I’m accustomed to seeing idiotic drivel in magazines like Cosmo and Glamour, but somehow this is even more depressing. While those mags are clearly shallow brain vacation material, Prevention targets aging women who worry about their health and want to do something positive for themselves. Why not offer them intelligent breakdowns of new research and debunk the ridiculous claims of the scamsters peddling acai berries and the like?

I guess there’s just no ad revenue in that.

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Rebecca Watson

Rebecca leads a team of skeptical female activists at Skepchick.org. She travels around the world delivering entertaining talks on science, atheism, feminism, and skepticism. There is currently an asteroid orbiting the sun with her name on it. You can follow her every fascinating move on Twitter or on Google+.

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64 Comments

  1. @Rebecca: Maybe they should have mentioned these missing measurements in the article?

    The ratio of men’s shoe size to penis length.

    The ratio of hand size to facial size as a marker for cancer.

    Observance versus non-observance on time perception in regards to water hitting the boiling point.

    Also, the shortening of time perception during periods of exciting activity.

  2. @marilove: Because women are stupid. DUH! They’re slaves to their emotions, and only worried about pleasing their man, both directly and indirectly by taking care of their bodies and making sure they aren’t disproportionate freaks that will come down with dementia and heart disease because of their freakishly distorted bodies!

  3. yea, this is exactly why i don’t read most magazines, but the general media is usually okay with making people panic in order to gain ratings. More people just need to know how to weed out the BS. The sad thing is many women are gullible due to their sensitivity. The world needs more skeptics in it.

  4. @marilove: Because stupid websites directed at women drive ad revenues.

    This is not to say that intelligent, thoughtful websites directed at women might not also do so, but given the choice between an expected positive with a low variability and an expexted unknown with high variability, most companies will chose the former.

  5. @Amy: I’m not so much worried about my legs as these damn shot arms of mine. Maybe we should have a sleep over and knit together while reading our horoscopes. Would you be a dear and measure my armspan for me so i know where i stand. All this time i thought the worst part about my short arms was that it would make me difficult to marry off because i can’t reach all the shelves in the kitchen…

    But seriously, i really enjoyed this. well put together, You get my gold star for the day :)

  6. @marilove: “…they are all generally hugely sexist….”

    That raises the question of who’s actually calling the shots at those sites? Women who have poorly developed self expectations or men who like the status quo, or something else entirely. I wonder why that kind of nonsense seems to sell so well.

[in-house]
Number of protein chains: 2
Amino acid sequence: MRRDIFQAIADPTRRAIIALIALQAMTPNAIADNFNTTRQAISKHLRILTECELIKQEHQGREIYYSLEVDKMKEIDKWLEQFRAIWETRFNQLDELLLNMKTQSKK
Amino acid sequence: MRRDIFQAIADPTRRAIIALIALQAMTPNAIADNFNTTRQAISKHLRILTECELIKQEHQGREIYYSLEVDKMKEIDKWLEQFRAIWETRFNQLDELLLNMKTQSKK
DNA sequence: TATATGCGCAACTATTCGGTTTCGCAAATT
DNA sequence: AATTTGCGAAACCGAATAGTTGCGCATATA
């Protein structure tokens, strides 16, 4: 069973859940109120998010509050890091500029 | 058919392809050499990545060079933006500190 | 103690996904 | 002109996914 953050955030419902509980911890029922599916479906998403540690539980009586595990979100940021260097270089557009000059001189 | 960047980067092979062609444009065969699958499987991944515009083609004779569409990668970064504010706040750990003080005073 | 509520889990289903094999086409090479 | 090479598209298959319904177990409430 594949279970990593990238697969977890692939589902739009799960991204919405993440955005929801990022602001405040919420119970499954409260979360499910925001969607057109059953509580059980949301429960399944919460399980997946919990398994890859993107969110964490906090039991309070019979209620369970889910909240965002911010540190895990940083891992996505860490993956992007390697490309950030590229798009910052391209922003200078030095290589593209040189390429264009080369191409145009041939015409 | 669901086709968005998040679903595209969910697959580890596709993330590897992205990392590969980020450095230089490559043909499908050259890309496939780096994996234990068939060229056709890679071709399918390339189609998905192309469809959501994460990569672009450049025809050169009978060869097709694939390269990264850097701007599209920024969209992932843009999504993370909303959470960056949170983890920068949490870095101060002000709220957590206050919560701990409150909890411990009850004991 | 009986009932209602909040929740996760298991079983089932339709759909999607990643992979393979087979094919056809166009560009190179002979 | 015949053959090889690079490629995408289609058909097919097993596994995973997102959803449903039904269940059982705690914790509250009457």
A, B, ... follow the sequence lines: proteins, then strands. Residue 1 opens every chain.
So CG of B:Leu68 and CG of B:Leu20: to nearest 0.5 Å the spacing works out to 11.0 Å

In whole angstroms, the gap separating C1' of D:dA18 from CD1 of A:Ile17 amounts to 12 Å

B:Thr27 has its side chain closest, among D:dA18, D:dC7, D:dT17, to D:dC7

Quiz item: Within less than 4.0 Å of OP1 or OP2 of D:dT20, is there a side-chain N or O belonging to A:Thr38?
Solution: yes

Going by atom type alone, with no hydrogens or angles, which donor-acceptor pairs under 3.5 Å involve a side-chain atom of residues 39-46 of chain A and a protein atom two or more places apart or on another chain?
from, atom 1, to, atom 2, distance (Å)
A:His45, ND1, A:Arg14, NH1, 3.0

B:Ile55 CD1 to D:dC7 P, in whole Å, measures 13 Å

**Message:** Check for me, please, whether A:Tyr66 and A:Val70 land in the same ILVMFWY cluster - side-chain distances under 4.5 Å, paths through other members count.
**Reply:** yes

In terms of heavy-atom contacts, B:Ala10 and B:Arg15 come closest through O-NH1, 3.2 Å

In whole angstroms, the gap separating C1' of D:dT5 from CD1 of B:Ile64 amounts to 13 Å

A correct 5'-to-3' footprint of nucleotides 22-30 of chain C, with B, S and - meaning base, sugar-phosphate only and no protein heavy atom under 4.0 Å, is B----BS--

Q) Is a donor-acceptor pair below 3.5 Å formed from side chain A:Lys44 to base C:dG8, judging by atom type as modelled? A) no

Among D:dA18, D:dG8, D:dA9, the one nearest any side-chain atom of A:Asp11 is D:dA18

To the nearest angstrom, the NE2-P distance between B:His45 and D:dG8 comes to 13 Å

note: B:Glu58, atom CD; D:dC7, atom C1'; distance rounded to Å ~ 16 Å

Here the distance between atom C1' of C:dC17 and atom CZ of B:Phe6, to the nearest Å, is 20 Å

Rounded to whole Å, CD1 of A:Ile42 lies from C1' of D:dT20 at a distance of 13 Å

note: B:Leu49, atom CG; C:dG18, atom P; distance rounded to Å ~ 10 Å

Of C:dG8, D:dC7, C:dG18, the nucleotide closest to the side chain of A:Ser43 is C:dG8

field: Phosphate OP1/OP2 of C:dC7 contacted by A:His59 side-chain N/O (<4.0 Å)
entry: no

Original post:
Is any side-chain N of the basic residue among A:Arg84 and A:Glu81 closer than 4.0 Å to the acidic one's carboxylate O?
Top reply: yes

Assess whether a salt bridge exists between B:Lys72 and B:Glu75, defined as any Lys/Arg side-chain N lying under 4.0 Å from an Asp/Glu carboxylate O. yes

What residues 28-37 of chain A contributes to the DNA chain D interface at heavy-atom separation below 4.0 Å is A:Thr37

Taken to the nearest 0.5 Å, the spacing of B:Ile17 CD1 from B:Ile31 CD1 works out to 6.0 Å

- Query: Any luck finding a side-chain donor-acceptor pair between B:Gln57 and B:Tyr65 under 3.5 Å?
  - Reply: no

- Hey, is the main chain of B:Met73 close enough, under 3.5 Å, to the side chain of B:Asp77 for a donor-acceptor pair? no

It seems symptomatic of a societal expectation that has yet to be overcome. Alas.

  7. @Zapski: Neither of those groups are calling the shots. The group calling the shots is people who want to sell ads. They’re agnostic with regard to sexism. Which is to say, they will be sexist or not insomuch as one or the other accomplishes their primary goal.

  8. @marilove: It’s not just websites directed towards women that are sexist and stupid. Websites for men as just as bad; we just don’t hear about them as much because they get less traffic. Most of us guys are too busy searching for ways to keep our hair and extend our penises to read articles.

  9. I infrequently buy one of these stupid girly magazines when waiting in line at the supermarket because I fool myself into thinking there’s going to be SOMETHING interesting in them. However, I always end up throwing the damn thing against a wall halfway through because they are just so bad.

  10. @durnett: Eeeeh, I don’t know about that. Take that Dell site directed at women. Men are the “default” — there always has been a sexist site full of pink for the women, because clearly women are “other”. That’s how it works.

    Of course, there are sexist ads (and tv characters and whatnot) about men, but it’s not nearly as prevalent or obvious.

    Also, it would be very nice to talk about sexism against women without always having to hear about, “But BUT! MEN have to deal with sexism toooooo.”

  11. @SKrap:

    I was thinking it would be more like:

    Being proud of your kids even they don’t become president.

    Feeling good about your less-than-perfect body.

    How to enjoy your TV even though it’s slightly smaller than the one your neighbor has.

    Making the most in bed with the partner you already have.

    Special Secrets Edition: Your kids will like cupcakes from a mix as much as ones made from scratch, and they really don’t care about those icing roses.

  12. @SKrap: I was referring to the constant magazine headlines that say you can have the most wonderful-perfect-amazing-and on and on. Expectations are raised which produces dissatisfaction and then a market for the needed fix to all forms of perceived mediocrity. Most people are normal and their children, looks, sex lives and skin are average/normal and in no need of interventions. The creation of inordinate and unrealistic expectations is essential when it comes to selling you and me useless items and crap information such as the health shit this post is about.